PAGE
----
04UCW SlowLoris What is so rare as a slow loris in June? Would a slow loris by any other name smell as sweet? Today, we shall journey down a zoological rabbit hole to visit our old friend, the slow loris.

As we all know, Loris is a small town in South Carolina, which stands between Fayetteville and Myrtle Beach. The slow loris is a lemur-like critter that has nothing to do with South Carolina. The slow loris is a native of South Asia. Befitting its name, the slow loris spends most of his day curled up in a ball sleeping in a tree, waiting for night to fall.

This behavior is reminiscent of a congressman or a member of the North Carolina General Assembly waiting for free food at a buffet sponsored by a corporate lobbyist. Like our legislative representatives, the slow loris waits until night to eat.

It is unclear if the slow lorises were labeled when young and placed in special education classes. No slow loris ever had an Individualized Education Program. The slow loris likely got its name in reference to his lack of physical speed. He is a little guy, weighing from about 7 ounces to 2 pounds.

The slow loris, or SloLo as his friends call him, will eat anything — fruits, leaves, vegetables, small birds and little reptiles. To call SloLo by his scientific name, you would refer to him as a nocturnal strepsirrhine primate. Try saying nocturnal strepsirrhine primate three times fast. Go ahead. I’ll wait. Not easy, is it? That’s why his buddies call him SloLo. It’s easier to say.

SloLo has tiny little hands like America’s own Dear Very Stable Genius Leader. SloLo is armed with fingers that allow him to grasp tree branches to hang around for long periods. He avoids falling on the jungle floor where bad things might happen to him.

The dandy thing about SloLo is, despite being the size of an hors d’oeuvre, larger predators give him great respect and don’t eat him. Why don’t they eat him, you ask? He’s slow, tiny and sleeps during the day, making him an easy target.

Despite the difficult hand dealt to SloLo by Mother Nature, he prevails. SloLo has a super power. His tiny little teeth are toxic. He is the only poisonous primate. Despite his cute appearance and yearning eyes, he can poison you with a bite. He has grooved teeth that let him hold poison in his mouth — the better to chomp you.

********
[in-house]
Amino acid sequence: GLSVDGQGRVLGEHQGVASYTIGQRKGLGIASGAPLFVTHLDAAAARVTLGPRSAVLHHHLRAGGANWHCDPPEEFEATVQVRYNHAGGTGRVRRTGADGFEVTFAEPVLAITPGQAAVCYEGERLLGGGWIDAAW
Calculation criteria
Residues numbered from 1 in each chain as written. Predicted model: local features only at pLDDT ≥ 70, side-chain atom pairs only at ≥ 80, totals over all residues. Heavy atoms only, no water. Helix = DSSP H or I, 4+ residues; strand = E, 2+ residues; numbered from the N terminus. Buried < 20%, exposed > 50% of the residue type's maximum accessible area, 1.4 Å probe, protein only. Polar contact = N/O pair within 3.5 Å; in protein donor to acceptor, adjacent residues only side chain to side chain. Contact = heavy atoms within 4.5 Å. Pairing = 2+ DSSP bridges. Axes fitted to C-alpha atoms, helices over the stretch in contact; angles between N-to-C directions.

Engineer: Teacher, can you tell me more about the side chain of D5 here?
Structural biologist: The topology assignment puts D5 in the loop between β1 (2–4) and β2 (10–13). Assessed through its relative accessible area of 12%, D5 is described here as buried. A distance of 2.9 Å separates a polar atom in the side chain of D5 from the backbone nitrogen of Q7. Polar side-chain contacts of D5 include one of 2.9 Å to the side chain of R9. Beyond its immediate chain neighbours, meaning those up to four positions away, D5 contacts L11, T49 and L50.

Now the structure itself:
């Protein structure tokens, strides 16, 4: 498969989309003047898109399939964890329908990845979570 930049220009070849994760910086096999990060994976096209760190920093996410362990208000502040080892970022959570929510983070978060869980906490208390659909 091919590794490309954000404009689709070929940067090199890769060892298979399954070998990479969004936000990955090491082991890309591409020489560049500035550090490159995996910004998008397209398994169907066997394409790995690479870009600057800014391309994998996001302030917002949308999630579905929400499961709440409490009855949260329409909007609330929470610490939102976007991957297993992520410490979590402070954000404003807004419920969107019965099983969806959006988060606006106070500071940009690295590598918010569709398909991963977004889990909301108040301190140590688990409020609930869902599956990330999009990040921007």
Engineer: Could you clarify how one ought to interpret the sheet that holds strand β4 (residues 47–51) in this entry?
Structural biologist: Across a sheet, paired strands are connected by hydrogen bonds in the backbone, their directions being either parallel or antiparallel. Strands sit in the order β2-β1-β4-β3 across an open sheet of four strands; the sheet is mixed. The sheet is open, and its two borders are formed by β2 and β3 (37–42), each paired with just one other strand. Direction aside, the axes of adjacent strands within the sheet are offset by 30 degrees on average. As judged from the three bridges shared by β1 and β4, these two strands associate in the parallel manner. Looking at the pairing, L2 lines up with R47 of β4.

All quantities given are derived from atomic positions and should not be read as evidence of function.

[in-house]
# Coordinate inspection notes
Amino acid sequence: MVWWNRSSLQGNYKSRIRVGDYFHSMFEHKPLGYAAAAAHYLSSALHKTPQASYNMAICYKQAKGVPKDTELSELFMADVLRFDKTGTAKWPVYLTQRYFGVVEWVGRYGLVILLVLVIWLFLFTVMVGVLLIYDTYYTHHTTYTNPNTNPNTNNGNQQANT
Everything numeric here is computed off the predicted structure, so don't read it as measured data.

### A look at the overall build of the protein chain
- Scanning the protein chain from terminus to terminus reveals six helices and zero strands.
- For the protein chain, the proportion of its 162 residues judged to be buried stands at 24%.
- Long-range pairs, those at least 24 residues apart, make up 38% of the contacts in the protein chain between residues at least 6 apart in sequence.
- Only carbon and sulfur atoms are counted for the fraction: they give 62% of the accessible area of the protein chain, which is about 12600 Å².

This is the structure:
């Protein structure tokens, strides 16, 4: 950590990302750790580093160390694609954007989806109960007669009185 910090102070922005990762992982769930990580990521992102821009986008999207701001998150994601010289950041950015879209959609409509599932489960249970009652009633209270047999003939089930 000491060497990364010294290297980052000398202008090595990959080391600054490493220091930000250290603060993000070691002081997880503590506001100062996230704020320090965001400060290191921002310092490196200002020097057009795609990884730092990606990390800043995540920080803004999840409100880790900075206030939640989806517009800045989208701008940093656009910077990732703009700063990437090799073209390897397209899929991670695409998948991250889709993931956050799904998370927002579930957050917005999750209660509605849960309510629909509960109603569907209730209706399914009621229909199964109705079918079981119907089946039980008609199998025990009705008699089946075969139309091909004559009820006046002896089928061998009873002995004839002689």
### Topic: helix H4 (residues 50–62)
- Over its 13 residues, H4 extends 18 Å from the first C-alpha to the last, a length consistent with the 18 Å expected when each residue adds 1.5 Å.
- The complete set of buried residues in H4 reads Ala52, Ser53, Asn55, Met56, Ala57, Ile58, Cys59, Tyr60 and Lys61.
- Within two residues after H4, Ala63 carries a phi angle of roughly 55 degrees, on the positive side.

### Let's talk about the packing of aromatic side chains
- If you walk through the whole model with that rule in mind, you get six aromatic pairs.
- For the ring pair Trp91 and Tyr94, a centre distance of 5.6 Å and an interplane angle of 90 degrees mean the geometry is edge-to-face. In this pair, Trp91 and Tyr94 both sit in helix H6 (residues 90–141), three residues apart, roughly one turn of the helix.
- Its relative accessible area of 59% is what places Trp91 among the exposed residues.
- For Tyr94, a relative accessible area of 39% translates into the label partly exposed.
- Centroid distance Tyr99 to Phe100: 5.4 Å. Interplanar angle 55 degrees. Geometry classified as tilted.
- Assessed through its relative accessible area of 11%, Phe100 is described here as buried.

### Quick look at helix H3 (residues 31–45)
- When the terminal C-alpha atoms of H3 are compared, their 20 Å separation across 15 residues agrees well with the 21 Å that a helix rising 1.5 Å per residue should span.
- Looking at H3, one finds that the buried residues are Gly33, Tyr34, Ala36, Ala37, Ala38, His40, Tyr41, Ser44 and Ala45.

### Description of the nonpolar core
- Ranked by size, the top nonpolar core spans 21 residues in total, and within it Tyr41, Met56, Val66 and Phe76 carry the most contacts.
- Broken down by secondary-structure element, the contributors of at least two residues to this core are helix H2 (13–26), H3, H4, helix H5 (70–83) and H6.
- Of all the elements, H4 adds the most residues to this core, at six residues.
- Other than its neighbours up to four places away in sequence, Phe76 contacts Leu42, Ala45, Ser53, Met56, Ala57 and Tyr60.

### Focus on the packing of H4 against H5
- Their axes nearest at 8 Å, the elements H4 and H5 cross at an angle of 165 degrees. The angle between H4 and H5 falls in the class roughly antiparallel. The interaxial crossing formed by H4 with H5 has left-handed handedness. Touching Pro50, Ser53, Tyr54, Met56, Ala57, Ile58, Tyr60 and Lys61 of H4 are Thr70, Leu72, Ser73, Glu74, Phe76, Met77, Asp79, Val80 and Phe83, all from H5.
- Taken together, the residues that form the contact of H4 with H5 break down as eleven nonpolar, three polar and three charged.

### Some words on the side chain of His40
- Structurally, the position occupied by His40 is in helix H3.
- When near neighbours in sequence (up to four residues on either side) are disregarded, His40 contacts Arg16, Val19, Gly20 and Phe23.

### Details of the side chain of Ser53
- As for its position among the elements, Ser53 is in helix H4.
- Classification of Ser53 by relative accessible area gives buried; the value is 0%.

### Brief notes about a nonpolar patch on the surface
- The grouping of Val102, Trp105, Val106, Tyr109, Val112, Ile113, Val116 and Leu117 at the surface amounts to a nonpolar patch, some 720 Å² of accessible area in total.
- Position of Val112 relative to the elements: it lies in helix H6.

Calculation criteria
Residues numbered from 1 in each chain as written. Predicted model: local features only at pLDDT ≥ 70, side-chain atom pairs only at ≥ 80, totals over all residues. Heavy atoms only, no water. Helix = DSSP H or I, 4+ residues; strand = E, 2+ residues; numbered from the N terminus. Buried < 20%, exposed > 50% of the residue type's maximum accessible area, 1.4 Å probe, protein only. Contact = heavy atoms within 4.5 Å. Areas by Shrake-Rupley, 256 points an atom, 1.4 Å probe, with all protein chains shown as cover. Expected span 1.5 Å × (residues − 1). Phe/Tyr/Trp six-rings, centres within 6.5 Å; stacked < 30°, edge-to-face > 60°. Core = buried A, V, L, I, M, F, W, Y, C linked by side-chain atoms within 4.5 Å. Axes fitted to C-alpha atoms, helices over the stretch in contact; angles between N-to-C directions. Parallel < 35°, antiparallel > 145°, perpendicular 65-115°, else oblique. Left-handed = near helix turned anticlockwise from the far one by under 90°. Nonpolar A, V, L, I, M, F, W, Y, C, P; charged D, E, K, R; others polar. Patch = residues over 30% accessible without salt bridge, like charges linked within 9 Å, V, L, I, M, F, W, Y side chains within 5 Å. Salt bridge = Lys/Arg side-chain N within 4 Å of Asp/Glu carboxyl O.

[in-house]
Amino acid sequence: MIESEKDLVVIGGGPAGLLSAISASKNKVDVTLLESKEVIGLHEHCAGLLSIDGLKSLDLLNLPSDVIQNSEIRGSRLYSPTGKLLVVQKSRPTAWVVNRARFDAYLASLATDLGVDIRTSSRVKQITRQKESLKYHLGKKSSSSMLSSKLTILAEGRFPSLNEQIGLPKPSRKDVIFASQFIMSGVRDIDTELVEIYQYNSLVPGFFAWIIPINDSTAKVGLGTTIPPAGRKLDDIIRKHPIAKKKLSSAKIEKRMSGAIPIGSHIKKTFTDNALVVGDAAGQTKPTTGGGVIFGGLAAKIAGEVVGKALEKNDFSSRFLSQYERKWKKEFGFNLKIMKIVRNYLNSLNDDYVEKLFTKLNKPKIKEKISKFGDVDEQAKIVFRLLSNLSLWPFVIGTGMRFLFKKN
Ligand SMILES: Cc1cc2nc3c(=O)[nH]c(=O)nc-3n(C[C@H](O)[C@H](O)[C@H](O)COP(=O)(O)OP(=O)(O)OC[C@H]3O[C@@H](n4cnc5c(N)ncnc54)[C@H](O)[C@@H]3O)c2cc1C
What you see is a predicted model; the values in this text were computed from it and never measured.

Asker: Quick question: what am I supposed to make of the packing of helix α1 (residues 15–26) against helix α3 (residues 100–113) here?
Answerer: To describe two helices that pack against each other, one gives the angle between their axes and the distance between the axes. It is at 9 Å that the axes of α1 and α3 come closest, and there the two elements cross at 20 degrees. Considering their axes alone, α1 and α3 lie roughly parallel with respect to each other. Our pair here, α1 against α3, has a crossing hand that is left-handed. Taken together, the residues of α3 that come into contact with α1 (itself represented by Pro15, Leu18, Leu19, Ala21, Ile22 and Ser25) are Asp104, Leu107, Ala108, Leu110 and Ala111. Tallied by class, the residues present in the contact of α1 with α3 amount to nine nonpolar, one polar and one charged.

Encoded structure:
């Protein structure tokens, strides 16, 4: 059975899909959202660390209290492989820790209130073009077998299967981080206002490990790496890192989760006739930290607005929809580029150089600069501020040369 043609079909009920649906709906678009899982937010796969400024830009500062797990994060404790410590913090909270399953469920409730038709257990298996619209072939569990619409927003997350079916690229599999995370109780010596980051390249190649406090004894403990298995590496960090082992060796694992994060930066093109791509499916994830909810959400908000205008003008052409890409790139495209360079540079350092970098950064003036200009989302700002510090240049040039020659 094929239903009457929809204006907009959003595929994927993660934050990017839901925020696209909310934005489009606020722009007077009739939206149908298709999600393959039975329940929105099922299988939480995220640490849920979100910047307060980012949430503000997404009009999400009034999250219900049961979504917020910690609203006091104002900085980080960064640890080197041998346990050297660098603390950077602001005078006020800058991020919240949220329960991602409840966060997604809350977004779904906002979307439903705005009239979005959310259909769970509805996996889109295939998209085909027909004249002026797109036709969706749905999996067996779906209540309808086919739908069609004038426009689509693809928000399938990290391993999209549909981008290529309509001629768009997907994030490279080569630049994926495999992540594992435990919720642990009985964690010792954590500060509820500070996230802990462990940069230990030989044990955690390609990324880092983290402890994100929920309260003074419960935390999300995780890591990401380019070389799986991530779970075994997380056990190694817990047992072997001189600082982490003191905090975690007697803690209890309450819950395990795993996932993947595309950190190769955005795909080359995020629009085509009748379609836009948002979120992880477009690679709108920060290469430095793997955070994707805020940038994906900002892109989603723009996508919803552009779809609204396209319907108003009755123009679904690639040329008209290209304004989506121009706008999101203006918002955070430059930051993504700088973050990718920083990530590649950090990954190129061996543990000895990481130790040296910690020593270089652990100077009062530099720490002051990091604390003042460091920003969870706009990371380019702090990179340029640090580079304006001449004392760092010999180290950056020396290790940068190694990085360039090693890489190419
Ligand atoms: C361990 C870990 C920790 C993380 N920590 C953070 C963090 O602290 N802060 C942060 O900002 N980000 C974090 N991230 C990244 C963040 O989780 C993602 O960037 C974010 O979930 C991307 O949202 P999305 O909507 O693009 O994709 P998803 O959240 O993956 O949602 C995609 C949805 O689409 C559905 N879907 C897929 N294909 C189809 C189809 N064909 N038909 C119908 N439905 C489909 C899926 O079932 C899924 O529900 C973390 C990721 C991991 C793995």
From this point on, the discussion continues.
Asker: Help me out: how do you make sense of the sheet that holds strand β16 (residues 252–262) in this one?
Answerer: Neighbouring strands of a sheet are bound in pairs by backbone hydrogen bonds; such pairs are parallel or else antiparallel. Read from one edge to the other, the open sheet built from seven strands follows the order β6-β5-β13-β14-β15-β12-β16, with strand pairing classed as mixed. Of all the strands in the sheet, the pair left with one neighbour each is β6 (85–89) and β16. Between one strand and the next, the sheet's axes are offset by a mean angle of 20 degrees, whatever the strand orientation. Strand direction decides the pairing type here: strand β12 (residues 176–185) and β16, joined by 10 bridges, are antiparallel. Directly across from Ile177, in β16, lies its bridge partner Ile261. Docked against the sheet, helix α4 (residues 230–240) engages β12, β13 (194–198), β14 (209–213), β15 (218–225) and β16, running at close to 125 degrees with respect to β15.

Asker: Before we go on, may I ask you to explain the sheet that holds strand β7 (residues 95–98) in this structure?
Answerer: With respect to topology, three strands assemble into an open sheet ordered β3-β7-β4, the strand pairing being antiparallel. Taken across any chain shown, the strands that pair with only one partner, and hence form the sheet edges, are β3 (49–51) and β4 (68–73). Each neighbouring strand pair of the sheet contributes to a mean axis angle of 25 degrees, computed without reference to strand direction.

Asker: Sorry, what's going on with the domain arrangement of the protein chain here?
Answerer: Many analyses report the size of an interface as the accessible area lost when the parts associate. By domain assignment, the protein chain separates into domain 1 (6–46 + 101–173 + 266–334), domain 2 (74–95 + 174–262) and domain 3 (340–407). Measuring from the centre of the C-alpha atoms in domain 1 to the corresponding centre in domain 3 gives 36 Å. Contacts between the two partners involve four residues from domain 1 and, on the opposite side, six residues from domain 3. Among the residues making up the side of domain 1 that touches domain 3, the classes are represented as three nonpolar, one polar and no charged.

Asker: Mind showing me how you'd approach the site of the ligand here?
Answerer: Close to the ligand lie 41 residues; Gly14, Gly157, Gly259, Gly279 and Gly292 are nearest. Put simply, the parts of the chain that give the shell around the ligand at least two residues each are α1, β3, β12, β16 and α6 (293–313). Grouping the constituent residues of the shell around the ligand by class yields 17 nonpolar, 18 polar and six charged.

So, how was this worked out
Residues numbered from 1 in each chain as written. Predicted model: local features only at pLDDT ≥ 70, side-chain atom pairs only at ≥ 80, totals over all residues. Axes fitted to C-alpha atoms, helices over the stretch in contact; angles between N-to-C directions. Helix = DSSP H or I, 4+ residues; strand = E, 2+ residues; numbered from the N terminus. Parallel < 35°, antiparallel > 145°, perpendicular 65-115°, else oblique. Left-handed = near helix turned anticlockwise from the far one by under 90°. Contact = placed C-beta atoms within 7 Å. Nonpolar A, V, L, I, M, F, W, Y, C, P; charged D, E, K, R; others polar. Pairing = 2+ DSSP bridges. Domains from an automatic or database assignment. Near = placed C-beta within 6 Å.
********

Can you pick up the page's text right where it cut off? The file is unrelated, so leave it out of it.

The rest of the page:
He stores his venom in glands in his elbows. He slurps down on his elbows, and his saliva, like the activated charcoal in Kent cigarettes, causes the venom to burst into full nastiness. The better to bite you with, my dear. Mamma SloLo licks her elbows to gather venom. She then licks it all over the baby SloLo, grooming him with poison. The other jungle critters know that if they eat a baby SloLo, they will get a case of gastro esophageal reflux that would send them to the jungle Emergency Room — if there were an ER in the jungle. Since the predators don’t have Blue Cross, the baby SloLos can pass their childhood essentially uneaten.

SloLos do have a few enemies. Snakes and orangutans have a taste for SloLo toxin, but the other bad guys know them and leave them alone. A threatened SloLo goes into the freeze mode, remaining still until the danger passes. Unfortunately, the local human population believes SloLos have supernatural powers that can ward off evil spirits and heal the sick. This leads to SloLos being hunted by humans. As the SloLo freezes when frightened, catching them is akin to shooting fish in a barrel. Not very sporting, but very easy.

It remains to be seen if a fast loris exists. We hope for no fast lorises. Consider zombies. The vast majority of zombies are slow and lumbering like those portrayed in “The Walking Dead.” Most people can outrun zombies. Unfortunately, there is a genus of zombies who can run as shown in the movies “28 Days” and “28 Days Later.” If chased by a running zombie, most people will end up as zombie chow, as zombies never get winded because they don’t breathe. If there are fast lorises, the poisonous tooth would be on the other foot as the fast loris could catch and bite the natives who are killing its cousin, the slow loris.

So, have we learned anything today? Once again, probably nothing. Better luck next time. However, if Shakespeare had ever met a slow loris, literary history would have been changed. Consider the plays he would have written: “All’s Well that Ends with a Slow Loris Bite,” “Slow Loris Labor’s Lost,” “Merry Wives of Slow Loris,” “Much Ado about Slow Lorises,” “Taming of the Slow Loris” and “A Midsummer Night’s Slow Loris.” As Mitch Miller once sang, “Be kind to your poisonous primates in the swamp, for a slow loris may be somebody’s mother.”

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